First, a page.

Just like my French friends who loved to point to high industrial productivity figures to tell me I am wrong, you could also counter with recent ICT investment figures. In Europe, Germany, the UK and France are now the top spenders on high tech tools. Point taken.
However, like high productivity figures, these numbers hide a different reality. The ICT revolution of the 90s was geared towards increasing labor productivity. These new spending programs are designed for a different purpose. The bulk of it is for new technologies like virtualization solutions and moving things up to the Cloud. They hardly make employees more productive. They are shiny new toys that will reduce corporate carbon footprint and get subsidies from the state.
There is one other point you find in the new ICT figures: In France, unlike other European countries, a large portion of that spending goes towards software development. Normally, this would be encouraging, but in this case it is largely because they need to catch up with the rest f the world and update all the primitive Visual Basic enterprise software packages that seem to be running the operations of most French companies.
You think I exaggerate. Two anecdotes to illustrate the point.
Around 2005, French IKEA was using an inventory system that was updated once a day (I asked). Therefore, during the day, each time a customer asked if an item was available at the warehouse, a clerk had to call another clerk for a visual inspection. The computer showed two but the clerk had no idea if someone bought them. Maybe it is still the case, I can't tell you. I have not bought anything from IKEA in a long time. But no US store had such a system past 1995. Including, I am sure, IKEA itself outside France.
Second anecdote. Two years ago, I went to a branch of Groupama, a large insurance company operating in 14 countries. It was to get a quote and I asked them to print me a couple of tables. The custom software package was so user-unfriendly that they couldn't do that. So, the only thing the person I was dealing with could do that was to copy various tables in to an empty Word document and print that. It took her 10 minutes. All the while she complained about how terrible the software was. The workaround was suggested by her manager. I agreed with her. The package should have done that with two clicks.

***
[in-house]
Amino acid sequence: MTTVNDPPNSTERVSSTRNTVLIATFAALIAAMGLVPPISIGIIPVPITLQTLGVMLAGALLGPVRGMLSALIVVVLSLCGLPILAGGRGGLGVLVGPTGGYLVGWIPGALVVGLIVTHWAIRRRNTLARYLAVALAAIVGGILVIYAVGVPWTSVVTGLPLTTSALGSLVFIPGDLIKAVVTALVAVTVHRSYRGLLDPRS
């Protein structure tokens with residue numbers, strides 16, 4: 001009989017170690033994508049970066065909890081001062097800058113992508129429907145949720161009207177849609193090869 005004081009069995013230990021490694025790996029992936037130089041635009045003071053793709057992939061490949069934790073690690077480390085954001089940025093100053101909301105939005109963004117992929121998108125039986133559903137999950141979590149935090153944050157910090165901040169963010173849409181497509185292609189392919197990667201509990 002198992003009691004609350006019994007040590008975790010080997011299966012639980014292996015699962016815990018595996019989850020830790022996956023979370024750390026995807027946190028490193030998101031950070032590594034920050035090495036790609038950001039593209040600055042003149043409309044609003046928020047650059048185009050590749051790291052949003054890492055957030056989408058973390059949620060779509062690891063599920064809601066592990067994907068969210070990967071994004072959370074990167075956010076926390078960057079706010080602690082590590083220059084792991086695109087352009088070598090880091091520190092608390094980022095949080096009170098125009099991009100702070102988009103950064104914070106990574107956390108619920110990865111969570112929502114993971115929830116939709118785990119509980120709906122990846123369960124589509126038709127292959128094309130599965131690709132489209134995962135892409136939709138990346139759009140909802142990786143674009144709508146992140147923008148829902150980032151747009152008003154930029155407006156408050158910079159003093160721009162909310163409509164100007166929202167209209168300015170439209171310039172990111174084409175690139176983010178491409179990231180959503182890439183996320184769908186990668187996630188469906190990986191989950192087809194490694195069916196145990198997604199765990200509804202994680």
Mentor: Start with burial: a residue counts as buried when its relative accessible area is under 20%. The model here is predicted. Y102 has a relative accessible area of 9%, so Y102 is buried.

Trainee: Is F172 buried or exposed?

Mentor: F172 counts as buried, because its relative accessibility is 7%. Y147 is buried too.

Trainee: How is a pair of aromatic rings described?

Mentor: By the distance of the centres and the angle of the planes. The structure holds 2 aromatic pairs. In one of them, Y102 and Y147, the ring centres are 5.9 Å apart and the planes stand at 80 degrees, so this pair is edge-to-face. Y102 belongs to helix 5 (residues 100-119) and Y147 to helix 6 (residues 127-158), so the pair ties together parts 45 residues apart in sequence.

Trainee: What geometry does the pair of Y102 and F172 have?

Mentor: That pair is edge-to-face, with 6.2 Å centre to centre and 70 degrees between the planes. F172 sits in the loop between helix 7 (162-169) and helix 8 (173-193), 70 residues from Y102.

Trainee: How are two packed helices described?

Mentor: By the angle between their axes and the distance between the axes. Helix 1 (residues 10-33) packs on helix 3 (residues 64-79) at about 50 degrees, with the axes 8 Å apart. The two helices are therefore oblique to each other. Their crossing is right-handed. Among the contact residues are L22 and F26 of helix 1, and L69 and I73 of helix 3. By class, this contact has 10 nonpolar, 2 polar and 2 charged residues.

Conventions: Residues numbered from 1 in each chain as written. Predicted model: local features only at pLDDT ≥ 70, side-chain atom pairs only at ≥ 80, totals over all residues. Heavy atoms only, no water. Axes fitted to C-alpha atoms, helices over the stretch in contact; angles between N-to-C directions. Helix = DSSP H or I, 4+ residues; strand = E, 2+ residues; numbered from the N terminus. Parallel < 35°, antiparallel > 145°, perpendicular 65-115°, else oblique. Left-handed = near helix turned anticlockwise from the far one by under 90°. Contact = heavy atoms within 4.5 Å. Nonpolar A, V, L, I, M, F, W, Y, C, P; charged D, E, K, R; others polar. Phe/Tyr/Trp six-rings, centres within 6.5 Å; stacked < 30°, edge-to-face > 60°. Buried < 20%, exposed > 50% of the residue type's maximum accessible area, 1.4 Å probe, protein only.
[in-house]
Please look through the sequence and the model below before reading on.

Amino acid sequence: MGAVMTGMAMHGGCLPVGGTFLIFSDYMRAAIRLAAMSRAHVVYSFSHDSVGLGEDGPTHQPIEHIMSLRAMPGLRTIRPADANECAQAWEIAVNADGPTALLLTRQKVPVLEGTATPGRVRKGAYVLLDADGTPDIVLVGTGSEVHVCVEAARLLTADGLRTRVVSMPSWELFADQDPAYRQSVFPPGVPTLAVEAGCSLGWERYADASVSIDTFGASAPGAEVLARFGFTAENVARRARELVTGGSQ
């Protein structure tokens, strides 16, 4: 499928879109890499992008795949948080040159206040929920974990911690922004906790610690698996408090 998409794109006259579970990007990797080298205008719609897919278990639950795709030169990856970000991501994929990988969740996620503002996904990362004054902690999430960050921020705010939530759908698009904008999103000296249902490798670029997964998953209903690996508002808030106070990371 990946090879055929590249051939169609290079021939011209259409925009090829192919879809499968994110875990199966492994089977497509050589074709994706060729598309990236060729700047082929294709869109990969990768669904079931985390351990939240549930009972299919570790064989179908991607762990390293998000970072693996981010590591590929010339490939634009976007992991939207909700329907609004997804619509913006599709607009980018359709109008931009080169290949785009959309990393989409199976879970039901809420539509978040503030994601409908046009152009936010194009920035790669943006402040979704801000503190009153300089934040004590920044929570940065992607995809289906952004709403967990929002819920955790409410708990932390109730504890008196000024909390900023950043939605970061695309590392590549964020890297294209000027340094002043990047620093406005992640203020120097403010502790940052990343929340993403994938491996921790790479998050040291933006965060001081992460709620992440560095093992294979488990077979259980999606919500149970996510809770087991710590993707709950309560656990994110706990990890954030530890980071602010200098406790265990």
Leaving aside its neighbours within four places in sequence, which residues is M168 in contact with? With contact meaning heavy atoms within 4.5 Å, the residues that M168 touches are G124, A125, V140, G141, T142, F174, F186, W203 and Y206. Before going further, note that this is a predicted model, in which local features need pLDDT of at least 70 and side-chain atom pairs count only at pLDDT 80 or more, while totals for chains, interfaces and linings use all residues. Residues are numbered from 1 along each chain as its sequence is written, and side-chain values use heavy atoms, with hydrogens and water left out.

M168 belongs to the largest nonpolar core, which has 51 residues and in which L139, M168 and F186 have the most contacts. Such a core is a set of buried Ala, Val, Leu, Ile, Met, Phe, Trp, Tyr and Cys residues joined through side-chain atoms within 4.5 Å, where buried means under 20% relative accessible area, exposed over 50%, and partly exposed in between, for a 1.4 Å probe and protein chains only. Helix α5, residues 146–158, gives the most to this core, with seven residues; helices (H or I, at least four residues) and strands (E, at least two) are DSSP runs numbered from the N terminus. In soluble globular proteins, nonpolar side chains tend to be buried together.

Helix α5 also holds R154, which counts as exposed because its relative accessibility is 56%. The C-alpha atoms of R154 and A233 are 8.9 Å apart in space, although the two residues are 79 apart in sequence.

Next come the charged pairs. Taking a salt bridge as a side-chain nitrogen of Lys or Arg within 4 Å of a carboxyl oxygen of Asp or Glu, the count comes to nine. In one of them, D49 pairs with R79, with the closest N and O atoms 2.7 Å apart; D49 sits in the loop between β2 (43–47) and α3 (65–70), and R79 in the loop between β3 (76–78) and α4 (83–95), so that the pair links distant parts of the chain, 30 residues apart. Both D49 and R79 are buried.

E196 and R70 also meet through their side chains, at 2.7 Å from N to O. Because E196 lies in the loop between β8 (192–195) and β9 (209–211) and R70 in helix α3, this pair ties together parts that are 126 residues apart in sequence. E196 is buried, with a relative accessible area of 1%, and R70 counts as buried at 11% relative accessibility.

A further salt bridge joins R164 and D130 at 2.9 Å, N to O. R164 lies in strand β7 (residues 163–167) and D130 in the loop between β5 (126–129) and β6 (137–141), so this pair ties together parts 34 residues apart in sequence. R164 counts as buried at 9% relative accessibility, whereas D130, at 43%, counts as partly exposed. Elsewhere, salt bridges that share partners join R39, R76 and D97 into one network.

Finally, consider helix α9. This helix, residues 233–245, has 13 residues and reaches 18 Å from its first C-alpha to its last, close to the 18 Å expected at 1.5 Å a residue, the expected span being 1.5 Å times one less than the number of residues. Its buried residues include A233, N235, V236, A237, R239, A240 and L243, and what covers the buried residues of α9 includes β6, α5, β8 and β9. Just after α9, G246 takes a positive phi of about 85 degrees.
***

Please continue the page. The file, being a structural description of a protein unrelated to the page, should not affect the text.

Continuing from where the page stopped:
Then I asked why she simply did not click Ctrl-P on each table. She was shocked to see that you could print almost anything under Windows with that key combination. She went around the office to tell everyone that. I became a hero.
Two years later, they are still using the same software and since that person moved to another branch, the new people still copy and paste tables for customers.
You can see the unifying thread in all this.
An insular and elitist management class creating structures to penalize innovation, devalorize their own R&D, discourage employees, turn their backs to global markets and ignore lean corporate structures and new management techniques implemented elsewhere.
A Huge Missed Opportunity
What is sad in all this it was a historic opportunity to set an example.
You see, in the UK and the US, the huge productivity gains made companies very profitable. But senior management and CEOs moved quickly and appropriated everything. Executive pay shot through the roof and real wages continued to decline.
France had a historic opportunity.
If they had implemented ICTs at the same time as everybody else, valorized their own R&D, motivated their employees, copied the lean management structures and new techniques being implemented elsewhere and expanded their global horizon, they could have pushed France to the forefront of global capitalism.
Given the social democratic nature of the system and the relative power of the unions, such a system would be inclined to distribute these profits derived from productivity gains more equitably. Which would have made France a prosperous, affluent and peaceful capitalist system.
People would have used them as a stellar example of what could have been when they criticized the winner-take-all culture that emerged in the UK and the US.
They could have become the envy of the world.
Instead, with parochial and elitist managers blaming "lazy" workers for their every mistake, an ineffectual government mismanaging the economy and discouraged and alienated employees, France is on its way to becoming a second tier economy.
As a Francophile, I find this to be a shame.
This is a headline on the BBC Web site from this evening, or a full day after I posted the above assessment.
PMI surveys raises fear that France may be back in recession.
It mentions the possibility of a "triple dip" recession.
What can I tell you?